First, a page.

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Safer Driving In Work Zones

TxDOT CALLS FOR SAFER DRIVING AS WORK ZONE TRAFFIC DEATHS RISE DURING PANDEMIC

Unsafe speed is one of the leading causes of crashes in work zones 

AUSTIN – Even with less traffic during the pandemic, Texas work zone fatalities increased 9% in 2020 compared to 2019. That’s why TxDOT is calling on drivers to make safety their number one priority at all times and especially when passing through active construction and maintenance work zones on the roadway.

TxDOT’s “Be Safe. Drive Smart.” campaign is marking National Work Zone Awareness Week, April 26–30, with safety tips to reduce work zone fatalities. Last year, there were more than 22,000 traffic crashes in Texas work zones, with 186 people killed, including four road workers.

“We know driving through work zones can be challenging,” said TxDOT Executive Director James Bass. “There can be extra congestion, slow-moving heavy equipment, temporary barriers, and vehicles that make sudden stops. We can’t stress enough how important it is to give driving your full attention and slow down—for your safety and that of the people who work alongside the road.”

Drivers and their passengers account for the majority of those who have died in work zone crashes. In 2020, Texas work zones had 147 motorists and vehicle passengers killed, along with 35 pedestrians and bicyclists and four road workers.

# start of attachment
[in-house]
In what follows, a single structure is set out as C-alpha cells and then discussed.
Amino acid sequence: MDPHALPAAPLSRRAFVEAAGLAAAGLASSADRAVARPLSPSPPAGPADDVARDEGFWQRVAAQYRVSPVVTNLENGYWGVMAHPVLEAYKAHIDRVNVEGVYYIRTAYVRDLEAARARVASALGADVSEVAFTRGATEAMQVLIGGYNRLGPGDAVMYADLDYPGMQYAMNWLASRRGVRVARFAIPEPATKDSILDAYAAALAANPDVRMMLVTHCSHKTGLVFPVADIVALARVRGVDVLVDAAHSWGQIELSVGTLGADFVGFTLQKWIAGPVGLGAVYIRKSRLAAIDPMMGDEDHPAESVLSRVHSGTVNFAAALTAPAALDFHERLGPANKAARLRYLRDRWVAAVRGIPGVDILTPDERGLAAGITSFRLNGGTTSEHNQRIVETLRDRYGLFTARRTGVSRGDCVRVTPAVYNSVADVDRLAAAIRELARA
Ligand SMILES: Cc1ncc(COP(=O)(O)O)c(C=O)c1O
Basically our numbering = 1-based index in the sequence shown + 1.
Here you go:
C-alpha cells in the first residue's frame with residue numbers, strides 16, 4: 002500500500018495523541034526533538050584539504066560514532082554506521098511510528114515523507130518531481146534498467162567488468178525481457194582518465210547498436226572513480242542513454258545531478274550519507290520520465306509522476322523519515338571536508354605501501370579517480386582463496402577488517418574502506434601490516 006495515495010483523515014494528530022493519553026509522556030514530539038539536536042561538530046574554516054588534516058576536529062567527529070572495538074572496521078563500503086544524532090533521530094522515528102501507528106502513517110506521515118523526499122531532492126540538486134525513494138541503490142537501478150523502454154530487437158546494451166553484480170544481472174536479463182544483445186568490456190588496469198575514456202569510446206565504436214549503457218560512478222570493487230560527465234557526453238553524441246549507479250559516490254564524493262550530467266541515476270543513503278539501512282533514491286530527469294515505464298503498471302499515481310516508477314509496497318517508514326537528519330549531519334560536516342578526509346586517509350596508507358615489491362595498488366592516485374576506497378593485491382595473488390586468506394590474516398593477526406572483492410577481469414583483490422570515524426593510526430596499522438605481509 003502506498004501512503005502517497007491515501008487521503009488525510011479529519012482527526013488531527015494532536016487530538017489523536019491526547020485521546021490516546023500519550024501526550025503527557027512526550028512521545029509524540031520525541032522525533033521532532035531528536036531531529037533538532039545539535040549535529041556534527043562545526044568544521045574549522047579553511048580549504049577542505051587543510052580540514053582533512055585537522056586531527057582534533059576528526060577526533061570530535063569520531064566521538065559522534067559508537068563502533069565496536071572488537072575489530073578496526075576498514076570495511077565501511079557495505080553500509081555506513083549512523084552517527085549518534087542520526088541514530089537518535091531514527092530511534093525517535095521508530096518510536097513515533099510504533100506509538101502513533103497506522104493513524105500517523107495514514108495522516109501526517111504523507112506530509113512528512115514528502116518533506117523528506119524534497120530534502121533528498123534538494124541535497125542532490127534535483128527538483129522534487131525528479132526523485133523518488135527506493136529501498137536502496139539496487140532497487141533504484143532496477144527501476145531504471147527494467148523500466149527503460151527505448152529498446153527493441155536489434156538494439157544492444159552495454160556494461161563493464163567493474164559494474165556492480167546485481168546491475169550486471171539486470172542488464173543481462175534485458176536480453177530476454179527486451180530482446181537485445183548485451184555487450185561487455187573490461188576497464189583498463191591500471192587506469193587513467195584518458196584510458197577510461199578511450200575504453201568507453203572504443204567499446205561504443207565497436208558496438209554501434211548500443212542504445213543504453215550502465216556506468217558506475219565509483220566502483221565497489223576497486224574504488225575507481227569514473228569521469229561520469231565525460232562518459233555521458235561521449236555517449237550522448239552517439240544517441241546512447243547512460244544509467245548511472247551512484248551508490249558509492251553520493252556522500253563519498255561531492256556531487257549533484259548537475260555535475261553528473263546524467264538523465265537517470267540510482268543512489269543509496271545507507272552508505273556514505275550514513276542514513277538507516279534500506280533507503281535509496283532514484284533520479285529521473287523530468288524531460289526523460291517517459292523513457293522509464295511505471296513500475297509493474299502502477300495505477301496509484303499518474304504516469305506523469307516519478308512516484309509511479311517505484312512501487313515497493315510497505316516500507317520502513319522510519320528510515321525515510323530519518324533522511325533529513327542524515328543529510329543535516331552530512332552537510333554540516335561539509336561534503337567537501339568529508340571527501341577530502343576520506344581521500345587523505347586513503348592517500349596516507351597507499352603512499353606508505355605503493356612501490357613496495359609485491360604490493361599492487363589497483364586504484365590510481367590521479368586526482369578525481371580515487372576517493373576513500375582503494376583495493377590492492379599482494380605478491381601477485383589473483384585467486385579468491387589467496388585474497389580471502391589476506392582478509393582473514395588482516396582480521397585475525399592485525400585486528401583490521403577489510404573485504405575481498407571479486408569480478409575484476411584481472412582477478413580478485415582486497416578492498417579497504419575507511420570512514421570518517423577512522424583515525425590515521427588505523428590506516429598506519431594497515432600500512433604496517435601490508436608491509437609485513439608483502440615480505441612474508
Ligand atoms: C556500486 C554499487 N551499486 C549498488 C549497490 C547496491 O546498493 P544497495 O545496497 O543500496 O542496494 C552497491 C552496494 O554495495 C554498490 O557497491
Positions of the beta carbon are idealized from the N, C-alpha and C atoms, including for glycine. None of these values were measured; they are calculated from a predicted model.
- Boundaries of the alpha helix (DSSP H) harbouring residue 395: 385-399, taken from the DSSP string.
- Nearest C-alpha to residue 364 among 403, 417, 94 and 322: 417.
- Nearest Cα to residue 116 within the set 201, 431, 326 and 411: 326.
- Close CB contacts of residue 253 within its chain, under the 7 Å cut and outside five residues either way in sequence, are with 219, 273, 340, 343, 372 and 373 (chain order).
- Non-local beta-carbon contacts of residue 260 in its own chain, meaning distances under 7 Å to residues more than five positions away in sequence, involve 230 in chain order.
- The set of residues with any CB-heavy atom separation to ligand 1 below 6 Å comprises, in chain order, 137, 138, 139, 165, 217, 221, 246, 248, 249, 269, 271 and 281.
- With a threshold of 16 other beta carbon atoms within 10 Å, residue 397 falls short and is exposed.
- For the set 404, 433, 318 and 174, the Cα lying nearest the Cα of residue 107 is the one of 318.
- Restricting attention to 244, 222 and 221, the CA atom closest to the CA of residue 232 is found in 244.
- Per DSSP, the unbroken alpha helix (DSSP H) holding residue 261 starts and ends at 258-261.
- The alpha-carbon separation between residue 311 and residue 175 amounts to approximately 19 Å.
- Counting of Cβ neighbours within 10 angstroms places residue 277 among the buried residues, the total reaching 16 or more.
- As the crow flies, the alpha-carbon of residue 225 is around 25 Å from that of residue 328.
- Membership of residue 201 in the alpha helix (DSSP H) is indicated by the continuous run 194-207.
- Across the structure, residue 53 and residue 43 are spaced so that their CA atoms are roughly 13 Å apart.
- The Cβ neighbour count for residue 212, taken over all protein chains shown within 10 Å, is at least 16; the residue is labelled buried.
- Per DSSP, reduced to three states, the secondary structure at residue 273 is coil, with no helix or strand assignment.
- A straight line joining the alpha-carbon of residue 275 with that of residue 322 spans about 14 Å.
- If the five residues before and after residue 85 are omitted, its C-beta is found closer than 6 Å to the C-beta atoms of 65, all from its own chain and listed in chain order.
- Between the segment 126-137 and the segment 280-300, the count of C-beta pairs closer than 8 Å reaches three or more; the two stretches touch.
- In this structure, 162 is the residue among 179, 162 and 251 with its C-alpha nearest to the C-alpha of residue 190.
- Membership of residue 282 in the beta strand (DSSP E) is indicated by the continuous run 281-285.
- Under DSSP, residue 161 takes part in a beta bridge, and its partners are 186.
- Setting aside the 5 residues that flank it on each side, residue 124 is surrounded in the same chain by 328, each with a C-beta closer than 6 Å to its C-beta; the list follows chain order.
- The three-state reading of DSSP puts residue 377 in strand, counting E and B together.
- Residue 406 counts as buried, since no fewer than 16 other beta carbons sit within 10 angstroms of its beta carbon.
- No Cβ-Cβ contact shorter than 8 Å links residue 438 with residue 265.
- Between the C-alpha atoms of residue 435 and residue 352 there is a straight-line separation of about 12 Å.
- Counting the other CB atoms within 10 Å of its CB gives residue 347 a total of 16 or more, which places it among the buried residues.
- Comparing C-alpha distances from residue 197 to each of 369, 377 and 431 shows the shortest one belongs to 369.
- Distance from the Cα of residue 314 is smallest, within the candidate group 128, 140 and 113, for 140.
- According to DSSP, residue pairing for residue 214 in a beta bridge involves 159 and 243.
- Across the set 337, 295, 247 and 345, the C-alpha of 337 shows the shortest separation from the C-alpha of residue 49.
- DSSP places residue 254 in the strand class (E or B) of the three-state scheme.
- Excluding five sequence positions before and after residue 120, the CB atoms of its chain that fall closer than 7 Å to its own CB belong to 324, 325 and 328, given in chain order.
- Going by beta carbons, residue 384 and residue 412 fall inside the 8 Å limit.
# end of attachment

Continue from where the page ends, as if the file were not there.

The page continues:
The Texas Mutual Insurance Company, which helps employers prevent workplace incidents and their consequences, is partnering with TxDOT to promote safe driving. The “Be Safe. Drive Smart.” campaign outlines five key steps drivers can take to navigate a work zone safely:

  1. Slow down. Follow the posted speed limit and drive to conditions. Unsafe speed is one of the leading causes of crashes in work zones.
  2. Pay attention. Avoid distractions, keep your mind on the road and put your phone away.
  3. Watch out for road crews. The only protective gear they wear is a vest, a hardhat, and safety boots. Remember, they want to get home safe, too.
  4. Don’t tailgate. Give yourself room to stop in a hurry if you need to. Rear-end collisions are the most common kind of work zone crashes.
  5. Allow extra time. Road construction can slow things down. Count on it, and plan for it.

Traffic fines double in work zones when workers are present and can cost up to $2,000. Failure to heed the Move Over/Slow Down law can also result in a $2,000 fine. State law requires drivers to move over a lane or reduce their speed to 20 mph below the posted speed limit when approaching a TxDOT vehicle, emergency vehicle, law enforcement, tow truck, or utility vehicle stopped with flashing lights activated on the roadside.

“Be Safe. Drive Smart.” is a critical component of #EndTheStreakTX. It is a broader social media and word-of-mouth effort that encourages drivers to make safer choices while behind the wheel, such as wearing a seat belt, driving the speed limit, never texting and driving, and never driving under the influence of alcohol or other drugs. Nov. 7, 2000, was the last deathless day on Texas roadways. #EndTheStreakTX asks all Texans to commit to driving safely to help end the streak of daily deaths.

For media inquiries, contact TxDOT Media Relations at MediaRelations@txDOT.gov or (512) 463-8700.

The information contained in this report represents reportable data collected from the Texas Peace Officer’s Crash Report (CR-3). This information was received and processed by the department as of Mar. 1, 2021.